“[Of the three Baltic states] only Estonia has been able to match the NATO target of 2 percent of the GDP to be spent on defense,” Bryan MacDonald noted.
When asked about the likelihood of Latvia, Lithuania and Estonia boosting their defense spending due to the imaginary Russian aggression, Bryan MacDonald said that the Baltic states are small countries bordered by a much larger and much more powerful neighbor.
“They are susceptible to the bombardment of Western propaganda, particularly from American sources, about the imminent danger from an imminent Russian invasion, which, of course, is utterly ridiculous since the Baltic states are under NATO’s protection and any attack against them would presumably lead to a war with the United States, which has the most powerful military in the world,” he said.
Moreover, these countries are under extraordinary pressure by various lobby groups, domestic and foreign, including US arms manufacturers, to increase their arms spending, and who are benefiting from these contracts.
Russia has constantly called these claims absurd and ridiculous, but this imaginary Russian threat has been used to boost military spending.
When asked why and who wins from this, Bryan MacDonald said that “the arms contractors win.”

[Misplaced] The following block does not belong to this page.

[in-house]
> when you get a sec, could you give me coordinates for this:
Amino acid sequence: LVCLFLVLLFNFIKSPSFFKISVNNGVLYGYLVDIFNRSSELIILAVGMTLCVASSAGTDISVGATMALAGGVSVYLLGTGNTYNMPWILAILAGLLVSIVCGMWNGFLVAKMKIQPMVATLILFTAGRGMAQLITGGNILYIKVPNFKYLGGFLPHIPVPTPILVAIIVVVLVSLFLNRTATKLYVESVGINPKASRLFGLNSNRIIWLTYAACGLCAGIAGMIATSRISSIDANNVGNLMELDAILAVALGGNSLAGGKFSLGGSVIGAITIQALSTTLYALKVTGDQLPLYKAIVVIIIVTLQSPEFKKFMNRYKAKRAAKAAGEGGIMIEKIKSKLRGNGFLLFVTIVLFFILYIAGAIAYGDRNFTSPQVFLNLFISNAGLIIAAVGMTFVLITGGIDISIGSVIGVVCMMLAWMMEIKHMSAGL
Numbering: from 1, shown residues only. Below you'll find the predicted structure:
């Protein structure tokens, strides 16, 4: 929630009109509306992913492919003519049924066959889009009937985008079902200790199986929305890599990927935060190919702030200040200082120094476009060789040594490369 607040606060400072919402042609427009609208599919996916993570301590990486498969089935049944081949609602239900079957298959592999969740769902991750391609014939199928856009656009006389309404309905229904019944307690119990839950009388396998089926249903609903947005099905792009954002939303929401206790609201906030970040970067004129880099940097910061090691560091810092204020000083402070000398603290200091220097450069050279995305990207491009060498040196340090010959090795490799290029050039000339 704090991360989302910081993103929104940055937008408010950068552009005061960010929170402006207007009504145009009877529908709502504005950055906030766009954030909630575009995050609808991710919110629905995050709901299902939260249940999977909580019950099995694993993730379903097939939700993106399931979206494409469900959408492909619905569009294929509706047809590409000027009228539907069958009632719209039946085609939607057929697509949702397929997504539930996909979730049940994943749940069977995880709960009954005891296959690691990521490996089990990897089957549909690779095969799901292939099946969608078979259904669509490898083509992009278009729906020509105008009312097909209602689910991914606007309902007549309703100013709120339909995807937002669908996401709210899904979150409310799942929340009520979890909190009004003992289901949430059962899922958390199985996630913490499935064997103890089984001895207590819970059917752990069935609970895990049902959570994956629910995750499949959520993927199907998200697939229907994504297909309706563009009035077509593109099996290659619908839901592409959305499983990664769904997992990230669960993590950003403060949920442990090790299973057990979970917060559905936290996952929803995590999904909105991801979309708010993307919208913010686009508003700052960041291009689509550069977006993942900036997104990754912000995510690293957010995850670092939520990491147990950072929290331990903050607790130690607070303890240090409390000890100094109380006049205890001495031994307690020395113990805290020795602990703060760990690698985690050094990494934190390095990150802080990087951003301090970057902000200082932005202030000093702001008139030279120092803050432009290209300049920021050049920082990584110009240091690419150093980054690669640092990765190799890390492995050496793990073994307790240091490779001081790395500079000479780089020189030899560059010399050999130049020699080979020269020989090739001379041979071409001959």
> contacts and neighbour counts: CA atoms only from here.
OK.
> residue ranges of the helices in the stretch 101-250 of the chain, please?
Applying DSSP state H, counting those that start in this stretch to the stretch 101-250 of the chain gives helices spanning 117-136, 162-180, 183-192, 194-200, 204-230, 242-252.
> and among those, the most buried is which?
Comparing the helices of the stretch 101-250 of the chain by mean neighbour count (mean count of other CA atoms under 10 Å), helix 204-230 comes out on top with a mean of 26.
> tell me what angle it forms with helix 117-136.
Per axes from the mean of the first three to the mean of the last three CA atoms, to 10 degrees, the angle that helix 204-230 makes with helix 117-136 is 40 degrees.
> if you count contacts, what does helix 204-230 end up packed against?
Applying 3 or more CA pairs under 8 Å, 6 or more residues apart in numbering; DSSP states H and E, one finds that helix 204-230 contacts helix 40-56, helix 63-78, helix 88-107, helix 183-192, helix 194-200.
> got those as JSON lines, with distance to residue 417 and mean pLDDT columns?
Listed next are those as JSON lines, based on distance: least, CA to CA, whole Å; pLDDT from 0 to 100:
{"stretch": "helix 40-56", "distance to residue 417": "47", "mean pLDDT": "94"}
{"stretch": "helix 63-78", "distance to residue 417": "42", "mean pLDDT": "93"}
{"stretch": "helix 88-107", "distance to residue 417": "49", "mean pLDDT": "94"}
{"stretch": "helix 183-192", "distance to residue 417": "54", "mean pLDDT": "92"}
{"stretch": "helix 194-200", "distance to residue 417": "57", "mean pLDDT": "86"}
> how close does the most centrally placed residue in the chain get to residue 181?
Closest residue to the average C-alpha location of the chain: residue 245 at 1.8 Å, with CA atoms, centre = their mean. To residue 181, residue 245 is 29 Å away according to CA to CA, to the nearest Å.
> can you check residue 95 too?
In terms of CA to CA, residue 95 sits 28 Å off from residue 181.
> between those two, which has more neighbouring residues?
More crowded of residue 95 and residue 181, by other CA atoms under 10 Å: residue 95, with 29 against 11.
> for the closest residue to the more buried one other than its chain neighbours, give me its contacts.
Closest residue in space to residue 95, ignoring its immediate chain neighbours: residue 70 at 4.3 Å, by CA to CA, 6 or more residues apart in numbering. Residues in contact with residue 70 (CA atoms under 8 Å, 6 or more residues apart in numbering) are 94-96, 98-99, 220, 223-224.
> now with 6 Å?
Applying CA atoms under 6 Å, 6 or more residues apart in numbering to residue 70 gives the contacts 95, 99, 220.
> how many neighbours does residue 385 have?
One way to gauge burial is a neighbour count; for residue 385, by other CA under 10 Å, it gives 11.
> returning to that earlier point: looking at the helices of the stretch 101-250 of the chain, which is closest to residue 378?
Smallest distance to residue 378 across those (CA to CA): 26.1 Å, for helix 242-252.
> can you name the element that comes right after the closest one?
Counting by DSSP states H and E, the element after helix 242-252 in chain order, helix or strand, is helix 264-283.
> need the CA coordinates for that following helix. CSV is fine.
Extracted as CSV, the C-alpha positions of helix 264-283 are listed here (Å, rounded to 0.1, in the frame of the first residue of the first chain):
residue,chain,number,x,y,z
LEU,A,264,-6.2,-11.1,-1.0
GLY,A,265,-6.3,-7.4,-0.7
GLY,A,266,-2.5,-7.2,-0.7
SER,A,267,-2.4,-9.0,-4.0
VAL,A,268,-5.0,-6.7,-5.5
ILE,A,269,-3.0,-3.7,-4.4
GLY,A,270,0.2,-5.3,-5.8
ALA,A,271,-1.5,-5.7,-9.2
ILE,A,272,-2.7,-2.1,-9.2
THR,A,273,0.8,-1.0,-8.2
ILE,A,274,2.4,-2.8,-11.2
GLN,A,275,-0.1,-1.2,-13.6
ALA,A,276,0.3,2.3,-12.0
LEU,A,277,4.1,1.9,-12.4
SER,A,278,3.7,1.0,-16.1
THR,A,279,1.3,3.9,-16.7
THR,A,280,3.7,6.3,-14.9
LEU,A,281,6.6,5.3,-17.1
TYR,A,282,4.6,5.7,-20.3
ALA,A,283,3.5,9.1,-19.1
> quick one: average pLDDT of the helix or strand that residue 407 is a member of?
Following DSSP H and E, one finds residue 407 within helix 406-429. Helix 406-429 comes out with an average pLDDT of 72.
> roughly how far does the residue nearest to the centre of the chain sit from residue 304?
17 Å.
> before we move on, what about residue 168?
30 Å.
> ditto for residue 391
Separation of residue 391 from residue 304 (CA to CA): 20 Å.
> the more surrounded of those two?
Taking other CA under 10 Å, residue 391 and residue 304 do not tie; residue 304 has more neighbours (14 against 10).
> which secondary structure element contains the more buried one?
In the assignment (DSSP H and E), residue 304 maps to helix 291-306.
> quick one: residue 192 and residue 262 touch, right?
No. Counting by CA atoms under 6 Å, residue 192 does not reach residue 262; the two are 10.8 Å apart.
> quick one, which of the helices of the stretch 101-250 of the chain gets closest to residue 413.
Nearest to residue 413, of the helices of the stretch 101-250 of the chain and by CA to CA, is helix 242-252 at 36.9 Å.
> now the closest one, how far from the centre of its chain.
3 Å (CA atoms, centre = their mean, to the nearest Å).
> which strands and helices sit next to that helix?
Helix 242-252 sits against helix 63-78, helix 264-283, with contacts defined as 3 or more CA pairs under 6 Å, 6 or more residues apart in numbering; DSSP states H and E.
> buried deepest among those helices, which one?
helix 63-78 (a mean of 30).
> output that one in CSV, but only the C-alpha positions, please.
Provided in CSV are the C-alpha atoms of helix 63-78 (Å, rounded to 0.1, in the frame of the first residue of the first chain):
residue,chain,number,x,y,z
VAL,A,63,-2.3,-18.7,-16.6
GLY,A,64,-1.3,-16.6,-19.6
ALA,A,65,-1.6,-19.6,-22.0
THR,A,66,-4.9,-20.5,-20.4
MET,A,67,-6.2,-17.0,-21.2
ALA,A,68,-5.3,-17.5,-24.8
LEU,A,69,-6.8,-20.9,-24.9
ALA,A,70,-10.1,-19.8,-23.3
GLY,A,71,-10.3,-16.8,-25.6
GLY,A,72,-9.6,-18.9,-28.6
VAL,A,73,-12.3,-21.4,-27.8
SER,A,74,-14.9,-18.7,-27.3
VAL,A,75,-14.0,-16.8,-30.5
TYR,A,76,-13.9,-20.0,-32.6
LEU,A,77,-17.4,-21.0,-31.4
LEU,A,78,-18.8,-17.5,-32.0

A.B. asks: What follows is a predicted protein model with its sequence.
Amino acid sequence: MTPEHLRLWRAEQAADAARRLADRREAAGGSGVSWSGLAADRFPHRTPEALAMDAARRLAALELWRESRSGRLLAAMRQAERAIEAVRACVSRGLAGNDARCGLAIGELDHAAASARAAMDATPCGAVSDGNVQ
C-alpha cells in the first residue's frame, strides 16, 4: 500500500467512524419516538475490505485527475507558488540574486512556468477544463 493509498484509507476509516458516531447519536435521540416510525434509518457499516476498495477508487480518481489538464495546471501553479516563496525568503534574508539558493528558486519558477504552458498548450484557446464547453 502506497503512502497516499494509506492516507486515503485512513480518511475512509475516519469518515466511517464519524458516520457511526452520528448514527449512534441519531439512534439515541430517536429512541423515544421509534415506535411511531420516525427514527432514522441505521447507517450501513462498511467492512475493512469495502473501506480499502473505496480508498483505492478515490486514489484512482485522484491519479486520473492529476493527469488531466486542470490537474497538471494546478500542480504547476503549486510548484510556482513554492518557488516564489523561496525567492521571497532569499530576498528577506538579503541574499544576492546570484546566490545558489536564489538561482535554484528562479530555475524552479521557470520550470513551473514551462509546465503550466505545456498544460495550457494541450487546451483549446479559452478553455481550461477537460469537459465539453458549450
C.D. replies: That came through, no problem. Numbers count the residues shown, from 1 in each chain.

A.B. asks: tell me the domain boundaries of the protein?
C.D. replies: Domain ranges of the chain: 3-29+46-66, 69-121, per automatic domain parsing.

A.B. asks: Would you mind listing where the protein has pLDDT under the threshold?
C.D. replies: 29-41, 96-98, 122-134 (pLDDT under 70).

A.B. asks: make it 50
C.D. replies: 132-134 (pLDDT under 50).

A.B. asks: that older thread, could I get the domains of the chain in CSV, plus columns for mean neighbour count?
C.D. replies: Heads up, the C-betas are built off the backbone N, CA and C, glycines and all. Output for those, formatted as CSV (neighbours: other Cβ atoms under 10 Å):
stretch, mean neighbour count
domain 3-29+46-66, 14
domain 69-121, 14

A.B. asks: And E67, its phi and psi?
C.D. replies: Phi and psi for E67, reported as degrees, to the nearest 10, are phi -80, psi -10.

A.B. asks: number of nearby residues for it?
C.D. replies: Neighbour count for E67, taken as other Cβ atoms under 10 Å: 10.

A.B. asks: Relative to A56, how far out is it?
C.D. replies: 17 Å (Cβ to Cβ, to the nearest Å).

“There are dozens, even hundreds of think tanks and various groups that are funded by American arms contractors like Northrop Grumman and Raytheon and also by the Atlantic Council, which is also funded by the US Defense Department. They are looking for markets, just like any business. The Baltic countries are spending over $600 million on defense and all this money will go to these arms makers because these countries have no domestic munitions capability and manufacturing of their own,” he emphasized.
When asked if he had a chance to speak to ordinary Eastern Europeans, including in the Baltic countries, would they be aware of all this, that they are the ones who are actually paying for all this military buildup, Bryan MacDonald said that he had recently been to a small town in Latvia and spoke to many people there who said they were alarmed by what was going on.
“You know, ordinary people and governments are entirely different things. The leaders of these countries simply refuse to talk to Russia, period,” Bryan MacDonald said.
Moscow has repeatedly denied the accusations, calling NATO's military buildup near Russia’s borders provocative.